William Kent: Architect, Designer, Opportunist By Timothy Mowl. Jonathan Cape, 2006. £20
William Kent was born in 1685 in Bridlington, Yorkshire, the only son of a prosperous joiner.
Ambitious and aspirational, Kent set off in 1709 to join the 'wildly camp' John Talman (son of Baroque architect William Talman) in Italy, and for the next decade spent more time attering rich patrons than studying art and architecture.
Mowl presents Kent as a man with a 'lavatorial sense of humour', far better at being obsequious than in copying Italian masters. Near 'illiterate', Kent left few letters, and so Mowl has had to find other avenues to bring his character alive. He does this by writing a 'stylistic' biography, which charts Kent's life through his visual inuences, from the Gothic architecture in Bridlington, through John Talman's adoration of Baroque and Rococo extravagance, to Burlington's preference for Palladian simplicity. These contradictory styles are united in Kent's architecture, his gardens and interiors.
Because Kent failed to see Andrea Palladio's villas in Italy, Mowl believes he never absorbed 'the essence of Palladio's genius' and therefore could not understand the real humanity of his Renaissance houses. Consequently, Palladianism in England became, in Mowl's words, a 'cut-and-paste' affair, with disastrous effects.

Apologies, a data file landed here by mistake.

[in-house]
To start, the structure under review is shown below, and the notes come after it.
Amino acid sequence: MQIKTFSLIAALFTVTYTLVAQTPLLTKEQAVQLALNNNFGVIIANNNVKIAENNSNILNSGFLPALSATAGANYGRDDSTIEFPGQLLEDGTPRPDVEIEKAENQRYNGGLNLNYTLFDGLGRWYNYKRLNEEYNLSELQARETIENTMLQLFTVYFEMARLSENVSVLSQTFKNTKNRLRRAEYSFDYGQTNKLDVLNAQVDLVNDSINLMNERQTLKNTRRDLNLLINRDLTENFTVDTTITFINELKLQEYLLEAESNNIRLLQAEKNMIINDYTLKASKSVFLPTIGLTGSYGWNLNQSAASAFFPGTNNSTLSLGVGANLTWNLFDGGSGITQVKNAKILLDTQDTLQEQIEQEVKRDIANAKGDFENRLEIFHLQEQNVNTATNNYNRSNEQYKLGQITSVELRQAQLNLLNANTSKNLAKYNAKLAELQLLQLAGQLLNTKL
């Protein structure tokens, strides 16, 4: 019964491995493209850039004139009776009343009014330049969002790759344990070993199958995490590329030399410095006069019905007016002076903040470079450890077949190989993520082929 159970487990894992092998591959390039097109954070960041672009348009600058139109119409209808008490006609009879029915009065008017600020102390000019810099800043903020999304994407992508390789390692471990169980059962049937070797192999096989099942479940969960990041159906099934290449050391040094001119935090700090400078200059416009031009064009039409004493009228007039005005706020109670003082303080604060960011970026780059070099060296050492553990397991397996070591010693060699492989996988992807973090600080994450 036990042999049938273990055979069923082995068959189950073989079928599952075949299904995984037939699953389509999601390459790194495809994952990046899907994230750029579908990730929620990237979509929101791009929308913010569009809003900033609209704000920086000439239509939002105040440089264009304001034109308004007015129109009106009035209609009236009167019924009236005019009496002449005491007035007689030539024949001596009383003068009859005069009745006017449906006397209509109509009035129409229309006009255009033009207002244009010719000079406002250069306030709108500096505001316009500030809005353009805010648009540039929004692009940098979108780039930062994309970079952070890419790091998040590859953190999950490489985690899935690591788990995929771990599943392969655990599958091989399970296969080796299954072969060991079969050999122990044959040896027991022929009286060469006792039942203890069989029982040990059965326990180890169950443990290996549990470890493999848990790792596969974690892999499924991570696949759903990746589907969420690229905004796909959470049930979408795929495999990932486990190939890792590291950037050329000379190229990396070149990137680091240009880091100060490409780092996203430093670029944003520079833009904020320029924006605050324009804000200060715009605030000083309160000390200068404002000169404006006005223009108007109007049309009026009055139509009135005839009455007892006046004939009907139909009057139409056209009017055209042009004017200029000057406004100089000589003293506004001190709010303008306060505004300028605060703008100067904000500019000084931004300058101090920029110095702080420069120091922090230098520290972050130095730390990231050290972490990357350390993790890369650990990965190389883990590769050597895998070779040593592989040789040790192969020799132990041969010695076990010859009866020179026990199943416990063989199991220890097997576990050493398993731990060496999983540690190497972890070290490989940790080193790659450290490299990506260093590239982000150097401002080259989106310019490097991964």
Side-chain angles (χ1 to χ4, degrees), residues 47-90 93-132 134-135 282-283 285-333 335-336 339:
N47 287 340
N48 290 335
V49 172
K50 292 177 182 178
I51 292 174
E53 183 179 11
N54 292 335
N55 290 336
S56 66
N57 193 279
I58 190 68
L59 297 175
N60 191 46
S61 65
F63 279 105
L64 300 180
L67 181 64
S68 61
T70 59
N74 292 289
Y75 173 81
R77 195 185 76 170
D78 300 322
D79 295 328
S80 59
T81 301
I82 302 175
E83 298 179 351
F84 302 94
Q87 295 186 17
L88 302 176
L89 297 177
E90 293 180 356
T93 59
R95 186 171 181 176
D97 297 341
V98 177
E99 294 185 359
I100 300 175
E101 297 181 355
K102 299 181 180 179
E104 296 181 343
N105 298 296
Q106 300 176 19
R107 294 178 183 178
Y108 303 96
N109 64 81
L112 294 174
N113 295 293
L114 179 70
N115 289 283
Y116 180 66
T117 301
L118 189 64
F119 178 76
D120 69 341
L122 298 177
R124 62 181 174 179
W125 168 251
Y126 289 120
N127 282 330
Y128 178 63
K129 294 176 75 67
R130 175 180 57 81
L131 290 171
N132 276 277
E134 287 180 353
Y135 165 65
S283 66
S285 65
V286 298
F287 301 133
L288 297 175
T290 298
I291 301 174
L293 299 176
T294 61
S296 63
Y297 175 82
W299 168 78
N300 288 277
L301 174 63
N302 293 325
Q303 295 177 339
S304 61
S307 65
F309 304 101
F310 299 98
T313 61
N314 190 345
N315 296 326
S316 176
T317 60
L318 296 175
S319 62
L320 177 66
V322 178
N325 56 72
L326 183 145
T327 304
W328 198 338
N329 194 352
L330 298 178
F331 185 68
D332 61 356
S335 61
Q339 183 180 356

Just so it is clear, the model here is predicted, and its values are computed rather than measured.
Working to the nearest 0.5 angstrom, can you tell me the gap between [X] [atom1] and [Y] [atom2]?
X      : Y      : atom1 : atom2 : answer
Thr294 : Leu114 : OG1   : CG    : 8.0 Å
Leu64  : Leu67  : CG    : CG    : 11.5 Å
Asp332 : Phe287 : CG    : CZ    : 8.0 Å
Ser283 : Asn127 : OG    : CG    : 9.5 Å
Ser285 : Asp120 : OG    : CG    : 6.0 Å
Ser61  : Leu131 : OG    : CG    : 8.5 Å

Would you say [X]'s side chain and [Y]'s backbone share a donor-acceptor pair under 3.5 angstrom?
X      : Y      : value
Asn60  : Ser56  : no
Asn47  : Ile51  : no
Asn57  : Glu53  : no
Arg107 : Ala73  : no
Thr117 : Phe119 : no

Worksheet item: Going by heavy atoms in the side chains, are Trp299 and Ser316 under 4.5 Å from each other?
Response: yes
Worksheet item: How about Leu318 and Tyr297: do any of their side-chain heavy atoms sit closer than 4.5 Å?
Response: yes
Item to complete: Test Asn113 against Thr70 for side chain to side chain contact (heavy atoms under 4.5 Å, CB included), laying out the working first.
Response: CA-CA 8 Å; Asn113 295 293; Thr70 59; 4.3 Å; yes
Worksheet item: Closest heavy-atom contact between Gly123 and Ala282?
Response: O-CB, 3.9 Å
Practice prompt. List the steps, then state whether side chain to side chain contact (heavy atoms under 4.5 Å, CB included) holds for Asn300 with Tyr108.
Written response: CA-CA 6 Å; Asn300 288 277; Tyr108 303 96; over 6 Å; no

Mowl calls Burlington's Chiswick House 'architecture by numbers' and dismisses Kent's interiors at Kensington Palace as 'botched NeoClassical intentions'. The interiors of Kent's fi rst English commission at Burlington House are plain creamcoloured walls adorned with a few gilded and unconnected Classical details that were lost in the expanse of these walls.
These might be described as 'unmoving' and 'cold', but Mowl's insistence that everything Palladian is a catastrophe, while Kent's outrageously voluptuous - some might say plain vulgar - Baroque-inspired furniture and interiors are of 'superior magnificence', is unconvincing.
When Mowl equates some of Kent's tables with the art of England's finest Baroque woodcarver, Grinling Gibbons, he takes his polemic too far.
The stylistic biography works much better when Mowl uses Kent's drawings for garden buildings to portray a man who was funny and frivolous. They depict frolicking rabbits and shepherdesses, and in one drawing a little dog relieves himself on Lord Burlington's ankle. By illustrating the era's bawdiness, Mowl shows the reader that a 'sugary reverence for all things Georgian' is absurd, as the 18th century was not just an age of refinement and cultured sensibility, but also about debauchery and sex.
Mowl has a reputation for being provocative and some of his criticism is refreshing, but his attacks on Palladianism seem unsubstantiated and sometimes uncomfortable, in particular when he compares Kent's work for Burlington to Speer's designs for Hitler's Reich Chancellery in Berlin.
Andrea Wulf is co-author of This Other Eden: Seven Great Gardens, and 300 Years of English History